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    1 week ago
  • Investment in New Zealand’s history
    Budget 2020 provides a major investment in New Zealand’s documentary heritage sector, with a commitment to leasing a new Archives Wellington facility and an increase in funding for Archives and National Library work. “Last year I released plans for a new Archives Wellington building – a purpose-built facility physically connected ...
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    1 week ago
  • Driving prompt payments to small businesses
    Government Ministers are asking significant private enterprises to adopt prompt payment practices in line with the state sector, as a way to improve cashflow for small businesses. The Ministers of Finance, Small Business, Commerce and Consumer Affairs have written to more than 40 significant enterprises and banking industry representatives to ...
    BeehiveBy beehive.govt.nz
    1 week ago
  • Rotorua tourist icon to be safeguarded
    Maori Arts and Crafts will continue to underpin the heart of the tourism sector says Minister for Maori Development Nanaia Mahuta.  “That’s why we are making a core investment of $7.6 million to Te Puia New Zealand Māori Arts and Crafts Institute, over two years, as part of the Government’s ...
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    1 week ago
  • $14.7m for jobs training and education
    The Government is funding more pathways to jobs through training and education programmes in regional New Zealand to support the provinces’ recovery from the economic impacts of COVID-19, Regional Economic Development Minister Shane Jones and Employment Minister Willie Jackson have announced. “New Zealand’s economic recovery will be largely driven by ...
    BeehiveBy beehive.govt.nz
    1 week ago
  • Is it time to further recognise those who serve in our military?
     Minister for Veterans Ron Mark has announced the launch of a national conversation that aims to find out whether New Zealanders think there should be a formal agreement between service people, the Government, and the people of New Zealand. “This year marks the 75th anniversary of the end of World ...
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    1 week ago
  • Paving the way for a fully qualified early learning workforce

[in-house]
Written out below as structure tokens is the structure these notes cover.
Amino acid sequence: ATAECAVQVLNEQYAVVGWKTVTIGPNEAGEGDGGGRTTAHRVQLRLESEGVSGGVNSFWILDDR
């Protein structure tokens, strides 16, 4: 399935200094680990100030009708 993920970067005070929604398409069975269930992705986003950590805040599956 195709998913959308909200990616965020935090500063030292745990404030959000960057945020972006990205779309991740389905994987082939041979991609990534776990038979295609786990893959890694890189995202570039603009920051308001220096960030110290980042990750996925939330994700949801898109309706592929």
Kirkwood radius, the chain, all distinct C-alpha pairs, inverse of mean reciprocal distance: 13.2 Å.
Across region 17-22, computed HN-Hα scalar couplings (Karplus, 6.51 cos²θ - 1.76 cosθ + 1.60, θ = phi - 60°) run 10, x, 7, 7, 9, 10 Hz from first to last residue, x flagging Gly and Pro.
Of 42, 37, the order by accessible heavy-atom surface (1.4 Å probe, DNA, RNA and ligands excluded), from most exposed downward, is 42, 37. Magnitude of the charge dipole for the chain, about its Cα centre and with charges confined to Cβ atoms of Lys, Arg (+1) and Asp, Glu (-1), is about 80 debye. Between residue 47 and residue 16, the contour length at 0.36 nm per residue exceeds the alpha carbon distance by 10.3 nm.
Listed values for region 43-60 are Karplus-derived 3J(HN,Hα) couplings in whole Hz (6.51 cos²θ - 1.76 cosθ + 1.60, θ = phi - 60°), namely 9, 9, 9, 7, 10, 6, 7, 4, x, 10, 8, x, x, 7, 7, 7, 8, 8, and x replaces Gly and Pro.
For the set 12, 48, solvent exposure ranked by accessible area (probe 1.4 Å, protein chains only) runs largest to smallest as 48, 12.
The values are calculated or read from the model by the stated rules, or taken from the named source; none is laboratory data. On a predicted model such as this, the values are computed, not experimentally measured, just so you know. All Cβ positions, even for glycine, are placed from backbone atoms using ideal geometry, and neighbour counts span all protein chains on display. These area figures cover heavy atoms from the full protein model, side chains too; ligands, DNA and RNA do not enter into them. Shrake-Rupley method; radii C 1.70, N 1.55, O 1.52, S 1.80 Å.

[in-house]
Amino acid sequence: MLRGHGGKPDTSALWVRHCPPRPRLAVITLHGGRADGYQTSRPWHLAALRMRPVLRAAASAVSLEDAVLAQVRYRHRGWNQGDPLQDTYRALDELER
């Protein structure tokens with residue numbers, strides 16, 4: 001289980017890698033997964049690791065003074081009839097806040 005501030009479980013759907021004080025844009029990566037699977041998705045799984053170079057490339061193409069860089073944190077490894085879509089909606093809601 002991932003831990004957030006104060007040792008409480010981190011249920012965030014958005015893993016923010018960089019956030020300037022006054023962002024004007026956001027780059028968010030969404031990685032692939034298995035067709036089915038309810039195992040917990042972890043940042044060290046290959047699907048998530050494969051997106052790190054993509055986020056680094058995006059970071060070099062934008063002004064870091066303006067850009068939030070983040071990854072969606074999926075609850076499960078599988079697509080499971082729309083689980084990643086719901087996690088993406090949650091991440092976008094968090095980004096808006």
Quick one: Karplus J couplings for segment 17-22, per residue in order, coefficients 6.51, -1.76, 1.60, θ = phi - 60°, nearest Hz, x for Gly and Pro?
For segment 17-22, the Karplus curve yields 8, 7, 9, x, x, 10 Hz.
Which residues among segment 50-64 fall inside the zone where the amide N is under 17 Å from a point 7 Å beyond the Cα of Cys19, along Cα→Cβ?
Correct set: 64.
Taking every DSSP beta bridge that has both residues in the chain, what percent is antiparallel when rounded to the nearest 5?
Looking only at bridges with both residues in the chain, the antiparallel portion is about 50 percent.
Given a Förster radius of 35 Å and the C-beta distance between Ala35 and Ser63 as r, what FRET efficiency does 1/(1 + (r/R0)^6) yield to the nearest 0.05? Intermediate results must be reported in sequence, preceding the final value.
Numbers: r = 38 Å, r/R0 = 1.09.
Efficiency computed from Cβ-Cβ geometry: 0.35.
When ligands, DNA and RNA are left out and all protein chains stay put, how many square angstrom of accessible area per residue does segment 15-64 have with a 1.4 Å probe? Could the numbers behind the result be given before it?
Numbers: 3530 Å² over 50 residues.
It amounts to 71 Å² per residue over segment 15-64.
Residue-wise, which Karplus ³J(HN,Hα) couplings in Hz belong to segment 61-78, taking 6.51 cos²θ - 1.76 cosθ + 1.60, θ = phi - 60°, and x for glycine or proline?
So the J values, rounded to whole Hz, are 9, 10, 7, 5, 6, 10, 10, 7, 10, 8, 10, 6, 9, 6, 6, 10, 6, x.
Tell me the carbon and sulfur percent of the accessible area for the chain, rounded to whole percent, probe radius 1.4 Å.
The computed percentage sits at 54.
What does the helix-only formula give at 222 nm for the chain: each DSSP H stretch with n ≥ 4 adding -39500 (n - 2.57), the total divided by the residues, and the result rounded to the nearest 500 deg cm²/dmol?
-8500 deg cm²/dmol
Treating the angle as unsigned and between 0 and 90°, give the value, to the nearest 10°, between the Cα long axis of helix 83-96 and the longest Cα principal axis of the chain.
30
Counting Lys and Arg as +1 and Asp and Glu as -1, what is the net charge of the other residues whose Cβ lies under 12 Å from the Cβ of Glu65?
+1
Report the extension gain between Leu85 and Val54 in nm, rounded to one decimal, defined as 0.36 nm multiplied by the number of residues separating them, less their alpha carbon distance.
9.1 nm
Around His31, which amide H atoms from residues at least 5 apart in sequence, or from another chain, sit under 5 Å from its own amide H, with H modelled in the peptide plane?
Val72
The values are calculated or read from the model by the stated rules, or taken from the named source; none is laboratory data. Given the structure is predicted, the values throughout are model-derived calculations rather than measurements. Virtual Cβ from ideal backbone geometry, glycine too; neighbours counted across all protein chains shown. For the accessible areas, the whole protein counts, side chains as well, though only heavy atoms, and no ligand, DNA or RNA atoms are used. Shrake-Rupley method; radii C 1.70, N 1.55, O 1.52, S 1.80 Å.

The Government’s drive to improve the quality of early childhood education (ECE) is taking another step forward with the reintroduction of a higher funding rate for services that employ fully qualified and registered teachers, Education Minister Chris Hipkins has announced. “Research shows that high-quality ECE can improve young people’s learning ...
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    1 week ago
  • Sport Recovery Package announced
    The Sport and Recreation sector will receive a multi-million dollar boost as part of the COVID-19 response funded at Budget 2020.  Grant Robertson says the Sport and Recreation Sector contributes about $5 billion a year to New Zealand’s GDP and employs more than 53,000 people. “Sport plays a significant role ...
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    1 week ago
  • Major boost in support for caregivers and children
    A major increase in funding and availability of support will improve the incomes and reduce the pressure on 14,000 caregivers looking after more than 22,000 children. Children’s Minister Tracey Martin says that caregivers – all those looking after someone else’s children both in and outside the state care system – ...
    BeehiveBy beehive.govt.nz
    1 week ago
  • Great Walks recovery on track for summer
    Vital conservation and visitor infrastructure destroyed by a severe flood event in Fiordland earlier this year is being rebuilt through a $13.7 million Budget 2020 investment, announced Minister of Conservation Eugenie Sage.   “This investment will mean iconic Great Walks such as the Routeburn track and the full length of ...
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    1 week ago
  • Māori – Government partnership gives whānau a new housing deal
    The Government is investing  $40 million in a partnership with Māori to get more whānau into warm, dry and secure accommodation, Associate Minister for Housing (Māori Housing) Hon Nanaia Mahuta says.. “We are partnering with Māori and iwi to respond to the growing housing crisis in the wake of COVID-19. ...